How to Assign Health Categories

The strategic aim of coding is to capture the main health focus of the research taking place during the lifetime of the award and not the background or future potential downstream applications of the research (often referred to in the first or last sentence of the abstract). Diseases or conditions that may be listed within the background information or are listed as 'being relevant' to the study under investigation should not be included in the coding.

Use the minimum number of codes to reflect the main focus of the research.

A maximum of five categories can be applied if a number of different areas of health or disease are included in the study. These should be equally apportioned unless clearly stated otherwise in the abstract e.g. two categories should be apportioned 50% each, three categories 33.3% each etc.

The Generic Health Relevance category should be used in cases where the research is directly applicable to more than five categories. If the main focus of the research is directed at several specified diseases and also has implications for many other conditions, the appropriate specific categories should be used as well as applying the Generic category.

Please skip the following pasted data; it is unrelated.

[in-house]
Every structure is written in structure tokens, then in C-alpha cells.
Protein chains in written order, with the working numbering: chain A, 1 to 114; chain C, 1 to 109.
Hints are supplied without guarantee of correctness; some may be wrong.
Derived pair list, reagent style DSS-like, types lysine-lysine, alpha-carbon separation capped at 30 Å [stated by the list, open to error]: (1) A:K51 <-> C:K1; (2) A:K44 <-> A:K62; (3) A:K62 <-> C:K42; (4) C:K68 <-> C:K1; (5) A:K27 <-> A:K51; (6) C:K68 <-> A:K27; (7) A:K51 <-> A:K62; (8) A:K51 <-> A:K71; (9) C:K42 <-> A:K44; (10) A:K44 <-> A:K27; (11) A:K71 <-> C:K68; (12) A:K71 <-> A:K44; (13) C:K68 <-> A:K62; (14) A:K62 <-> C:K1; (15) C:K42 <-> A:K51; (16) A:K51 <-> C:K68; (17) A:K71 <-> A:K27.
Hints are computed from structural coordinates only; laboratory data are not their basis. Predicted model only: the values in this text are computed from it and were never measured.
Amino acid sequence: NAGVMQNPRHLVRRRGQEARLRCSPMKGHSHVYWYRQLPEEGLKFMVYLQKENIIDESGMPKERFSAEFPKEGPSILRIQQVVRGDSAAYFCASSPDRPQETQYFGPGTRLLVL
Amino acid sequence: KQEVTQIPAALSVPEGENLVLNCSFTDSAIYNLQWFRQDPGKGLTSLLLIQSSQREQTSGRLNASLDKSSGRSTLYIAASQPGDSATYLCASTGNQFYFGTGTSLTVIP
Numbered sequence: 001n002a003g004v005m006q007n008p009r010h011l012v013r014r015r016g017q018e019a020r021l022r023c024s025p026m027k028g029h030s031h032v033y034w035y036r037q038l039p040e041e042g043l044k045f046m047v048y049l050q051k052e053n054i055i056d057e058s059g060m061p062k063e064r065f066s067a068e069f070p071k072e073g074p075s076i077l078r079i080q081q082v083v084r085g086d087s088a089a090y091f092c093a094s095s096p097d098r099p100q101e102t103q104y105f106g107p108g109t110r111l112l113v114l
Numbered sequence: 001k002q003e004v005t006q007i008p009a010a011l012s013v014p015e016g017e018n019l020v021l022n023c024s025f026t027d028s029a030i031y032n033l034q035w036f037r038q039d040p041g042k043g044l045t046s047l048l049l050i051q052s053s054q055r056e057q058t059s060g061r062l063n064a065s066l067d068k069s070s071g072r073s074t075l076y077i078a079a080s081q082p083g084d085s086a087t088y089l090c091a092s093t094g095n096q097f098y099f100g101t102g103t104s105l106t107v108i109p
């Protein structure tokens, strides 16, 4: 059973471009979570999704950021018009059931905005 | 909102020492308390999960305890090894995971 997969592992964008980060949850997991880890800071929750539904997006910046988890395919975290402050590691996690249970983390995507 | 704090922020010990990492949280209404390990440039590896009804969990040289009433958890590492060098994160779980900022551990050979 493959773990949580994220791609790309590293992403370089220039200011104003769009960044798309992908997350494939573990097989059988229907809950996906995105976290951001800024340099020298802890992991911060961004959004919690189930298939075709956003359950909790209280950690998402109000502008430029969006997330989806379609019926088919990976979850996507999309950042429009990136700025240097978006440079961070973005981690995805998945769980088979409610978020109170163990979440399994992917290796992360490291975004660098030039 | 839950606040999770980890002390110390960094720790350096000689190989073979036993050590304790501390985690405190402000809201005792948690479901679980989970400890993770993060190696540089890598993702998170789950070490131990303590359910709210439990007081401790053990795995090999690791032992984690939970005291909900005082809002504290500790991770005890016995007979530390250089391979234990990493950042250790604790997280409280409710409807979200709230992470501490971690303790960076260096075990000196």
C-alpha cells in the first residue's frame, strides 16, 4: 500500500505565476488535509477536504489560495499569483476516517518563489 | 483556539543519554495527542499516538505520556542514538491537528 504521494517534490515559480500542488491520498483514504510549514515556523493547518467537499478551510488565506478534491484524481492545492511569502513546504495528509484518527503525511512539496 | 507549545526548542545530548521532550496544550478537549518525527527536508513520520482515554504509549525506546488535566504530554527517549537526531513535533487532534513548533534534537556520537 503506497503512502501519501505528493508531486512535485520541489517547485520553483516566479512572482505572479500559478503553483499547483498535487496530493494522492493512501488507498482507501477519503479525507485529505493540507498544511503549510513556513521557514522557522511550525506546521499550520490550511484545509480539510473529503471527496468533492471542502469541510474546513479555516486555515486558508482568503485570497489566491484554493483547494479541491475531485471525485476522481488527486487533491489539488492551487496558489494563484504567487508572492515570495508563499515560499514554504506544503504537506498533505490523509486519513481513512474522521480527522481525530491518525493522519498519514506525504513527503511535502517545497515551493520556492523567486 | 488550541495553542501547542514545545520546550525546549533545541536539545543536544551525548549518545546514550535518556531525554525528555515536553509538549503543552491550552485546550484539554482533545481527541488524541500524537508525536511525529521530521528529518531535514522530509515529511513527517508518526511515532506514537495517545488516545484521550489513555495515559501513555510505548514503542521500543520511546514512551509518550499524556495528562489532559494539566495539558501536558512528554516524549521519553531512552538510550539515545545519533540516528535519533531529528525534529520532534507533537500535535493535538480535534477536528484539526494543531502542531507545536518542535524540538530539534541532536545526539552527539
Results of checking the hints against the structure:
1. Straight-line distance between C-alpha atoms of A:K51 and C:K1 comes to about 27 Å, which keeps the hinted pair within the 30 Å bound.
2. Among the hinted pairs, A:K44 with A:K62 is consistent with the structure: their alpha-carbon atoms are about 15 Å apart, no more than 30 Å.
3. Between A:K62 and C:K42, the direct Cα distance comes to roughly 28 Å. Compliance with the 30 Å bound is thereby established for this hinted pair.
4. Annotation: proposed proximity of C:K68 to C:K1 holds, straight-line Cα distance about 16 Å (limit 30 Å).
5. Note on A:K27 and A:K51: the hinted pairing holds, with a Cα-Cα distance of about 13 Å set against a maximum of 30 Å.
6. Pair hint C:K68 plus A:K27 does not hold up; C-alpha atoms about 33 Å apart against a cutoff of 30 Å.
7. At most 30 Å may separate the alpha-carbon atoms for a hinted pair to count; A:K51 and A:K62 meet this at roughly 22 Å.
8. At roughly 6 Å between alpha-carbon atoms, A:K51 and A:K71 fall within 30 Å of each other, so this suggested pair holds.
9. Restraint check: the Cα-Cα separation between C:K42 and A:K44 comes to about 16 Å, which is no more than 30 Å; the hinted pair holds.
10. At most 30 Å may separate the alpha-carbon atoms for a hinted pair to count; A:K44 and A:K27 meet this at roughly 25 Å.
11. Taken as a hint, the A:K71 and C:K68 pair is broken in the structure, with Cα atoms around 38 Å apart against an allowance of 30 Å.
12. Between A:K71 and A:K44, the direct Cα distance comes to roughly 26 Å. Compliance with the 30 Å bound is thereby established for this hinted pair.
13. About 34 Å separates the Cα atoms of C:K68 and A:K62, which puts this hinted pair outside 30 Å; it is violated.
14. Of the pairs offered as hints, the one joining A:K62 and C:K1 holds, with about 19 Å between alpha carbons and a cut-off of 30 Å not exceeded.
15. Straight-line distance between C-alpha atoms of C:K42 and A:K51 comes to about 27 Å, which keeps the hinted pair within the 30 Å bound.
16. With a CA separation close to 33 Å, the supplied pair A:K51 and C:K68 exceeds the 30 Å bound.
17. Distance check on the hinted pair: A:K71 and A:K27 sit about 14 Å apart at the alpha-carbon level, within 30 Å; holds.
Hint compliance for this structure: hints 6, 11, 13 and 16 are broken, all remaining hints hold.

Health Categories should not be assigned to reflect mechanisms of pathogenesis or the site of a disease. Choose the Health Category associated with the purpose of the investigation or the overarching main disease. Many diseases and conditions share characteristics of more than one area of health (e.g. asthma is a respiratory disease and is also an autoimmune disease) and research may focus on a particular organ affected by a disease (e.g. pulmonary hypertension). However to ensure accurate and consistent coding it is important to follow the specific inclusion criteria listed in the Health Categories.

e.g. asthma is coded as 100% Respiratory and should not be coded to Inflammatory and Immune.

e.g. pulmonary hypertension is classified 100% Cardiovascular and not Respiratory.